The physical isolation of recording in Thailand pushed Robb Bank$ to dig deeper into himself; no distractions, no one to impress at the studio, no one to second guess the project. Bank$ allowed himself unadulterated frustration, beginning his verse two beats before Sango’s scattered kicks, taking the first opportunity he can to admit: “It’s f*cked up, got 20 hoes I don’t know in my section.” From others’ feelings of neglect to his own haphazard attempts to set boundaries with others (i.e., “Trying to tell this white b*tch I don’t do Vyvanse”), Bank$ yearns for the human experience filled with honesty and communication — even though he can’t deliver that himself.
Akeem Ali riffs on hip-hop in the same way that Black Dynamite does to Blaxploitation cinema. And Keemy Casanova might be the sole rapper able to match the irreverent, sexual bravado of Black Dynamite (founder of the Whorephanage himself).
He fully commits to the character. By the time that Keemy Casanova announces his recent certification as “good dick giver,” even if you don’t believe his credentials, you’ll notice that every single line in “Sit Down On It” is injected with libido (if the song title didn’t suggest that already). Keemy Casanova revives the funk of Kool & The Gang’s “Get Down On It,” reimagining the slick suavity of Isaac Hayes’ and Curtis Mayfield for his own deviance. He reinterprets Adrian Younge’s composition on Black Dynamite’s score too – using heavy downbeats, brass chromatic explosions and funky guitar rhythms. He asks that you don’t ask questions and indulge.
Hurricanes happen in the middle of August. Watered-down drinks cost $20 (plus tip), and the mere thought of Siri should send you spiraling with paranoia and a fear of artificial intelligence. It’s only right that Armand Hammer would collaborate with their fellow esteemed apocalypse chronicler, JPEGMAFIA.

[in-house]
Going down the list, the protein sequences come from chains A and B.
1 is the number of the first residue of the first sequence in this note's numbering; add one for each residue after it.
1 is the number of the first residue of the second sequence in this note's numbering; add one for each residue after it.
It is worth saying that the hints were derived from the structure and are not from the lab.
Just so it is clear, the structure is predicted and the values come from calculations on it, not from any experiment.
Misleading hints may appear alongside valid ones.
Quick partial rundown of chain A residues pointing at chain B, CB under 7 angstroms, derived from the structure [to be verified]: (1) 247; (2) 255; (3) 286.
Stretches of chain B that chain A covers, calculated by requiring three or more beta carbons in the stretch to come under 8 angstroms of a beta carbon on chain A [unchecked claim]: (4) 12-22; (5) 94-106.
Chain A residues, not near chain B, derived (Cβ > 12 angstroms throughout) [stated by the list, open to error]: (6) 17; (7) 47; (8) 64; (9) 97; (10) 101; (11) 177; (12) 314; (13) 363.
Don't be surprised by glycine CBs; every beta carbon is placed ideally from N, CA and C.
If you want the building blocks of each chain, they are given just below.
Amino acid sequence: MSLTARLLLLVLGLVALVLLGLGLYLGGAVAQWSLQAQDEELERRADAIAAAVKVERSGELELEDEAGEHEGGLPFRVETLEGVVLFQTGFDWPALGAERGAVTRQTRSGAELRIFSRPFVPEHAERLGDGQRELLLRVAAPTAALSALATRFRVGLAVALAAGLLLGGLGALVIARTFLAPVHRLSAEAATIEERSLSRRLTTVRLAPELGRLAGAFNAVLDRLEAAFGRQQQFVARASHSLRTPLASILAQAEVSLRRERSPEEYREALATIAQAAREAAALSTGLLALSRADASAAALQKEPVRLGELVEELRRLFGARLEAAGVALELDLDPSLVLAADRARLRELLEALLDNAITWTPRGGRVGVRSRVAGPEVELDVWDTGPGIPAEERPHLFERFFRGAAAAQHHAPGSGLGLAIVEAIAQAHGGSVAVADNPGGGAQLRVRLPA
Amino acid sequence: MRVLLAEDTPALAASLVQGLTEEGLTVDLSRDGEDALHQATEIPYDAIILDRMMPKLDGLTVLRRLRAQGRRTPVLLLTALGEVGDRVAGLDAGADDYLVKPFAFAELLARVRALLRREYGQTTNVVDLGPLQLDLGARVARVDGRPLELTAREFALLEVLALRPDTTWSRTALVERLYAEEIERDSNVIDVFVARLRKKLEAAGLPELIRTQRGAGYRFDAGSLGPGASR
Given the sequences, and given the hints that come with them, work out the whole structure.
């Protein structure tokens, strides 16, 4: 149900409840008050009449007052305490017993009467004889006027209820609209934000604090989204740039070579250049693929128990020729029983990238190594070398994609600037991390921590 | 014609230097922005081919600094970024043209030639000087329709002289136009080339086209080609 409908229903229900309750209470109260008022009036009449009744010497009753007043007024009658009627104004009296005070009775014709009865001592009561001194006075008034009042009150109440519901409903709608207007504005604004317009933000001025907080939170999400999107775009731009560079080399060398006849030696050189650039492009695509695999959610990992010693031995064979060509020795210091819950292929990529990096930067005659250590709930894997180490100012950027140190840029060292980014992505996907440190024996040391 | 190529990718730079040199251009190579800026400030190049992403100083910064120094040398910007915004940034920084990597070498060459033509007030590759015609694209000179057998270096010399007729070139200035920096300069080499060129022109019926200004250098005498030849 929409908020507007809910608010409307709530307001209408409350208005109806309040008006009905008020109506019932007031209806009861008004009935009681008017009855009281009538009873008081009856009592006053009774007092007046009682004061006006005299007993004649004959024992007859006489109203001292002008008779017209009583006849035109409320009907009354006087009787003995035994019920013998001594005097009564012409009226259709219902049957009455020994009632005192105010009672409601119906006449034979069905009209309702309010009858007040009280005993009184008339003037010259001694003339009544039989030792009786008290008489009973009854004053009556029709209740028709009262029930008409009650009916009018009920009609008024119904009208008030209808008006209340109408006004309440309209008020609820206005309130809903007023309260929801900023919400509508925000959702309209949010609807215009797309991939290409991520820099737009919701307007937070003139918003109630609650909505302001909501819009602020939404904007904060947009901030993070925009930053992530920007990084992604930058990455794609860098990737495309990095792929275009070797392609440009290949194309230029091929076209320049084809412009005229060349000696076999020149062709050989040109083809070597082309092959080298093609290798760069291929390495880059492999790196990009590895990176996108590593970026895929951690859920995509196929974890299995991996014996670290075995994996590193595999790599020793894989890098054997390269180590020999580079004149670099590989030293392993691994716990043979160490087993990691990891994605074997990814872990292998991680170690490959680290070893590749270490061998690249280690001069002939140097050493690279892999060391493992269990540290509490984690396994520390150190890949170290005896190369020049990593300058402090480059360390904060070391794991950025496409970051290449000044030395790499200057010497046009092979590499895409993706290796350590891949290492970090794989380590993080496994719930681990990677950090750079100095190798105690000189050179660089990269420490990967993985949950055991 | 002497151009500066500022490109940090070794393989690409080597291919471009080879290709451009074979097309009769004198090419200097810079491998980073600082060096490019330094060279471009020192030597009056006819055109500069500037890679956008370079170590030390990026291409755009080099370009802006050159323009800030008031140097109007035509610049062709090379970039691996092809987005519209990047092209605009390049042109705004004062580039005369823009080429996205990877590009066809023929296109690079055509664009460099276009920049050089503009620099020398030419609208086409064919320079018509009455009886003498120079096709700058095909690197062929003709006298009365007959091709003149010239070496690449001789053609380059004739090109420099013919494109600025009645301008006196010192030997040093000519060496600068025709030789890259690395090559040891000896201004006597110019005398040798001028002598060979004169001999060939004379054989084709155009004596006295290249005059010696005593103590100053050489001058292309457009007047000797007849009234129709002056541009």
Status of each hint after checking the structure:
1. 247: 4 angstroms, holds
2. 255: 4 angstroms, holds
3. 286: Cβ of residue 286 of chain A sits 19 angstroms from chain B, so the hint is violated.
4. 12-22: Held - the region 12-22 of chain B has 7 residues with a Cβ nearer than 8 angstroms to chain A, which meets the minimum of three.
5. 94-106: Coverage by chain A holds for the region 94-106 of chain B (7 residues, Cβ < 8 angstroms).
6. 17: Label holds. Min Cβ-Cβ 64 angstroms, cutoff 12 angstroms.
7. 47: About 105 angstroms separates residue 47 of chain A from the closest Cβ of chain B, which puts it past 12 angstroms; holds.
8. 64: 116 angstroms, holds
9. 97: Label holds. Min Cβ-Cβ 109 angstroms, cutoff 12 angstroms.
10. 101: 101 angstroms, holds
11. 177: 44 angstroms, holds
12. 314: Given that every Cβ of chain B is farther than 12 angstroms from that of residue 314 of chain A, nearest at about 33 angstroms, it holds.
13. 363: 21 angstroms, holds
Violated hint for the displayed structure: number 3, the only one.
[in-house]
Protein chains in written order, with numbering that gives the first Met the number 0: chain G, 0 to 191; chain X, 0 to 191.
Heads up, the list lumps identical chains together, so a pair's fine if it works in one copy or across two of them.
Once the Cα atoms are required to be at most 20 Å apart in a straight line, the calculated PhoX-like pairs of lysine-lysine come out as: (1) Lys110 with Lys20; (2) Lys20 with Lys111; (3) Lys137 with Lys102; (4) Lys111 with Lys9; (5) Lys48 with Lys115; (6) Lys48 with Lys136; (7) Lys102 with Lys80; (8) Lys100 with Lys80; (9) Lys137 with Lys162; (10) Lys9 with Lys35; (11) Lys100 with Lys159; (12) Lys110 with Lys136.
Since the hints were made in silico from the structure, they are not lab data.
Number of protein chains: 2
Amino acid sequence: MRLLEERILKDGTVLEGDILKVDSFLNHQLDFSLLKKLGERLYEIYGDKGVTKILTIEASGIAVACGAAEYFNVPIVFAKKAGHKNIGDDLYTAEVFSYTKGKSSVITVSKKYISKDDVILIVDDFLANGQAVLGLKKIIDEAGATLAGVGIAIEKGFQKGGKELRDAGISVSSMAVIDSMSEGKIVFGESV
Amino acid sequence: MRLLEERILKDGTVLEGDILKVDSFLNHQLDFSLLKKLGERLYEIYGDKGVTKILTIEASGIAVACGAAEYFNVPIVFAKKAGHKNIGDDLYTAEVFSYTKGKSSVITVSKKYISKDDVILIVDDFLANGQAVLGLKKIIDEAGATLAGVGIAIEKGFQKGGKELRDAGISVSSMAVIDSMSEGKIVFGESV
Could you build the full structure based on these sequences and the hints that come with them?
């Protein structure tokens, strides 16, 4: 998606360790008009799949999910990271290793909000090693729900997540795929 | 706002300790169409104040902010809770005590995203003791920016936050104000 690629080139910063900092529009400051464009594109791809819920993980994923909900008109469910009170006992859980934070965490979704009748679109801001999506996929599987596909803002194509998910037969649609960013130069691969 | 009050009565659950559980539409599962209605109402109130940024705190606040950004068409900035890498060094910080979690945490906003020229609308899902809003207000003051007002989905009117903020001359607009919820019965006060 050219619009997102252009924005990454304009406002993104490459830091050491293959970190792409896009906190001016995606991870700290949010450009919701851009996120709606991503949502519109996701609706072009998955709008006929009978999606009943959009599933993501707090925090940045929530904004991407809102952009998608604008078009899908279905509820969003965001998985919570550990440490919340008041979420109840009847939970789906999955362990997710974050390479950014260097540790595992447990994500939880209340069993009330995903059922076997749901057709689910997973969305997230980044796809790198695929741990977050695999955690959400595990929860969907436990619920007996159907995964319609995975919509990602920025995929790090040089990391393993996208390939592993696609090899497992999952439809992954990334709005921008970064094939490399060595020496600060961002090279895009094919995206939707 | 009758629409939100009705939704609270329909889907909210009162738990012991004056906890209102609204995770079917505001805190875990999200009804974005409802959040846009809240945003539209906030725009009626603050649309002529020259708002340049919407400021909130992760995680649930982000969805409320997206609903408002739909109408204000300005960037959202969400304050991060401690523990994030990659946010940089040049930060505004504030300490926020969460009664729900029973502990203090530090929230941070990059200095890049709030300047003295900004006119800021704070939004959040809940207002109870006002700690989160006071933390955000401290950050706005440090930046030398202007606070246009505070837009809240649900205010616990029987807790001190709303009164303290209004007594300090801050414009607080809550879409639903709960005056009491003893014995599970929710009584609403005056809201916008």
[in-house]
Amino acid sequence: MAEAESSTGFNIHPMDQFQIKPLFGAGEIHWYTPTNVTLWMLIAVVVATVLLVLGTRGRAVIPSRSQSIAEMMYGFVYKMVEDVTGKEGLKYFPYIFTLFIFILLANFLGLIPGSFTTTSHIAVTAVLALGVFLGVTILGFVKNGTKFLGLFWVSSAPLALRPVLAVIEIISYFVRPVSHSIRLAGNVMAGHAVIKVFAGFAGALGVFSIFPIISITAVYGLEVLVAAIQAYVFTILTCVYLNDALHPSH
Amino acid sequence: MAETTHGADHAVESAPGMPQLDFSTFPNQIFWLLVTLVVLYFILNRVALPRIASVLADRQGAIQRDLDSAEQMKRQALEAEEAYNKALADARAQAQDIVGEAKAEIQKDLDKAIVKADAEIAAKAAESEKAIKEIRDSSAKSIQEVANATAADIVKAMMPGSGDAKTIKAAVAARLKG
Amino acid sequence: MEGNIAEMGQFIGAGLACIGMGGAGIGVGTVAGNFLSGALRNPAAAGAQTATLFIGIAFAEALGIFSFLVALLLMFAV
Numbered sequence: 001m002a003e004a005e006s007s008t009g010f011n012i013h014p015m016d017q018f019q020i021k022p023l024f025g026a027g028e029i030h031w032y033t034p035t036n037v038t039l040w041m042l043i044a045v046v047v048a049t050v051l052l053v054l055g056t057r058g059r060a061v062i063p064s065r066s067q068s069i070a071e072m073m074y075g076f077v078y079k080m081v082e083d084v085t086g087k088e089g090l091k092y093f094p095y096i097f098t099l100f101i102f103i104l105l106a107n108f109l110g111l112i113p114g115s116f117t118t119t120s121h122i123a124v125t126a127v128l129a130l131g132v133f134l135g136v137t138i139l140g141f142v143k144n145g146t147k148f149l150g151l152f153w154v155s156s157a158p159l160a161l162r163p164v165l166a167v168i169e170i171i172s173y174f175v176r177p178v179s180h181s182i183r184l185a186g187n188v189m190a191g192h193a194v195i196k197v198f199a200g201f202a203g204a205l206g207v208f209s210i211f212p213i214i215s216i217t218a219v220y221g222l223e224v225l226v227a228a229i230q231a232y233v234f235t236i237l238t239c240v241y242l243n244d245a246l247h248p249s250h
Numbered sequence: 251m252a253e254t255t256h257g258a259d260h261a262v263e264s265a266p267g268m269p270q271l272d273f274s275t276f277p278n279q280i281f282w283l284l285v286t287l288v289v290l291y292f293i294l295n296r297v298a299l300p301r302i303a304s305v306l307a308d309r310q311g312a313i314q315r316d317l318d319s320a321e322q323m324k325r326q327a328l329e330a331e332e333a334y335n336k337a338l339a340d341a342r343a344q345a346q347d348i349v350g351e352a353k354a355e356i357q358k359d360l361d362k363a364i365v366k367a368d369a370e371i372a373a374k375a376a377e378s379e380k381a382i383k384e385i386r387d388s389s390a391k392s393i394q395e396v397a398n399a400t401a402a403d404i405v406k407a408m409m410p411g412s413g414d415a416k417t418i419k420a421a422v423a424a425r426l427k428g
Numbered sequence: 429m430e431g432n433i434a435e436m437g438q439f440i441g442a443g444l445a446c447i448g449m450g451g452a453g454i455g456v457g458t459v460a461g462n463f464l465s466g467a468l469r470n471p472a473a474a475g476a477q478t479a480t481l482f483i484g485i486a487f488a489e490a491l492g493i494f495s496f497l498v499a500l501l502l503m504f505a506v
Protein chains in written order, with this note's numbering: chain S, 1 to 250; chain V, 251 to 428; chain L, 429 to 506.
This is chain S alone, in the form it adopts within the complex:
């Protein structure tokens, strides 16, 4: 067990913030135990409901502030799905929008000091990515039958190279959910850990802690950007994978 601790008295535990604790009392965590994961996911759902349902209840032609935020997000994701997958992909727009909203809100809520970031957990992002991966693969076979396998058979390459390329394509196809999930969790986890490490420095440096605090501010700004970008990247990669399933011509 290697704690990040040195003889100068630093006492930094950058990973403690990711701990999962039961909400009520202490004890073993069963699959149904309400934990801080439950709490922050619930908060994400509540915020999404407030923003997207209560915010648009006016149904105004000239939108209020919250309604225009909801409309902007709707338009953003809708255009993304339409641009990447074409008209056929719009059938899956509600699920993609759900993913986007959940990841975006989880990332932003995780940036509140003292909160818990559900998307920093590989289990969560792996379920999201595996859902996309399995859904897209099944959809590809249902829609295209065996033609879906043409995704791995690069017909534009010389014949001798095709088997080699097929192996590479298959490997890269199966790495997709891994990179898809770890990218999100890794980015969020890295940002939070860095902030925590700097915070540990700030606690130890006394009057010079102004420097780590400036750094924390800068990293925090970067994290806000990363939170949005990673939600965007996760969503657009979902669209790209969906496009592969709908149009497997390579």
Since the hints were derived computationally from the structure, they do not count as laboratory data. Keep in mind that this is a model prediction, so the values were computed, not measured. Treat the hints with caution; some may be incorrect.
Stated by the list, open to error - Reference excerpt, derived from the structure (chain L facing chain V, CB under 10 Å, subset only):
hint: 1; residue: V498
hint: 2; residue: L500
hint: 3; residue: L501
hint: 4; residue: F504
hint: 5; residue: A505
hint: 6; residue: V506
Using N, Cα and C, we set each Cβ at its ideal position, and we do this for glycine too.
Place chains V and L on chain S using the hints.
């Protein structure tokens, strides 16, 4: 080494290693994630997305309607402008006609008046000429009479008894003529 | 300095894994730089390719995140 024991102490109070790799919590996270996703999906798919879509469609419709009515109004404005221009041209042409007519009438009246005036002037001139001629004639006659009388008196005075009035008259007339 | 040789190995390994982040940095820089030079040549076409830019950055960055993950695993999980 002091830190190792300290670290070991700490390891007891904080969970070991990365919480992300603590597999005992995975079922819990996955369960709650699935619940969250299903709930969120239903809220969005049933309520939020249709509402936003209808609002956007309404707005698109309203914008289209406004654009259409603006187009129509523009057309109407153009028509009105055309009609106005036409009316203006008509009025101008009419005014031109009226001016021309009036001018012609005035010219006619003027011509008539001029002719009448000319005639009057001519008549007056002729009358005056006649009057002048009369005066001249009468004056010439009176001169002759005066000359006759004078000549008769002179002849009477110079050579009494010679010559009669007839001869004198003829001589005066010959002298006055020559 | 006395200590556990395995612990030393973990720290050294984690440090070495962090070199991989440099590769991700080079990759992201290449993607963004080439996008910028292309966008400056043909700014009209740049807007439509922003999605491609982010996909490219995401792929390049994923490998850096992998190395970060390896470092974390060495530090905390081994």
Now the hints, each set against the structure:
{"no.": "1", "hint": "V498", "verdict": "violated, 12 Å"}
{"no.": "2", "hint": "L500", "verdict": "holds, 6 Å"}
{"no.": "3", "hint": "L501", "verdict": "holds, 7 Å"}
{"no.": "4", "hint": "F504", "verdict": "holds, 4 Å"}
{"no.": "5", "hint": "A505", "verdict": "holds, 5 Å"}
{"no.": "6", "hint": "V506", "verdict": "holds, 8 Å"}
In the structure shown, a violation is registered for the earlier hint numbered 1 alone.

Peggy produces his first track for the duo since Rome’s penultimate song, “Barbarians,” a distorted haze of groans and grogginess as Rome becomes consumed by the smoke and ash. “Woke Up and Asked Siri How I’m Gonna Die” calls back to JPEGMAFIA’s colder, more intimate style of production, using the hum of icy synthesizers and soundscapes that gave All My Heroes Are Cornballs its more delicate touch. ELUCID once again bellows an indiscernible, guttural hum, giving way to his own verse that cuts Siri off before the program can pass along a peek into a morbid future.
ELUCID repeats, “I ain’t see the bottom yet,” capturing both fear and resolve, aware of his own mortality and premonition of his life shattering at some point in the unknown future. But it’s equally likely that ELUCID is hiding the full truth, later echoing: “I be lying like I’m just a man.”
Billy woods’ bandages “fresh wounds” and grazes his “old scars,” thinking back to the moments in his life where he felt that he was truly alive. Woods reports: “You haven’t lived ‘til you’re pulled over in your baby mother’s car with a grip.” Then he stamps the end of the stanza with a ghost adlib from JPEGMAFIA, weaving in an electronic voice introducing itself as none other than the harbinger of death, “Siri.”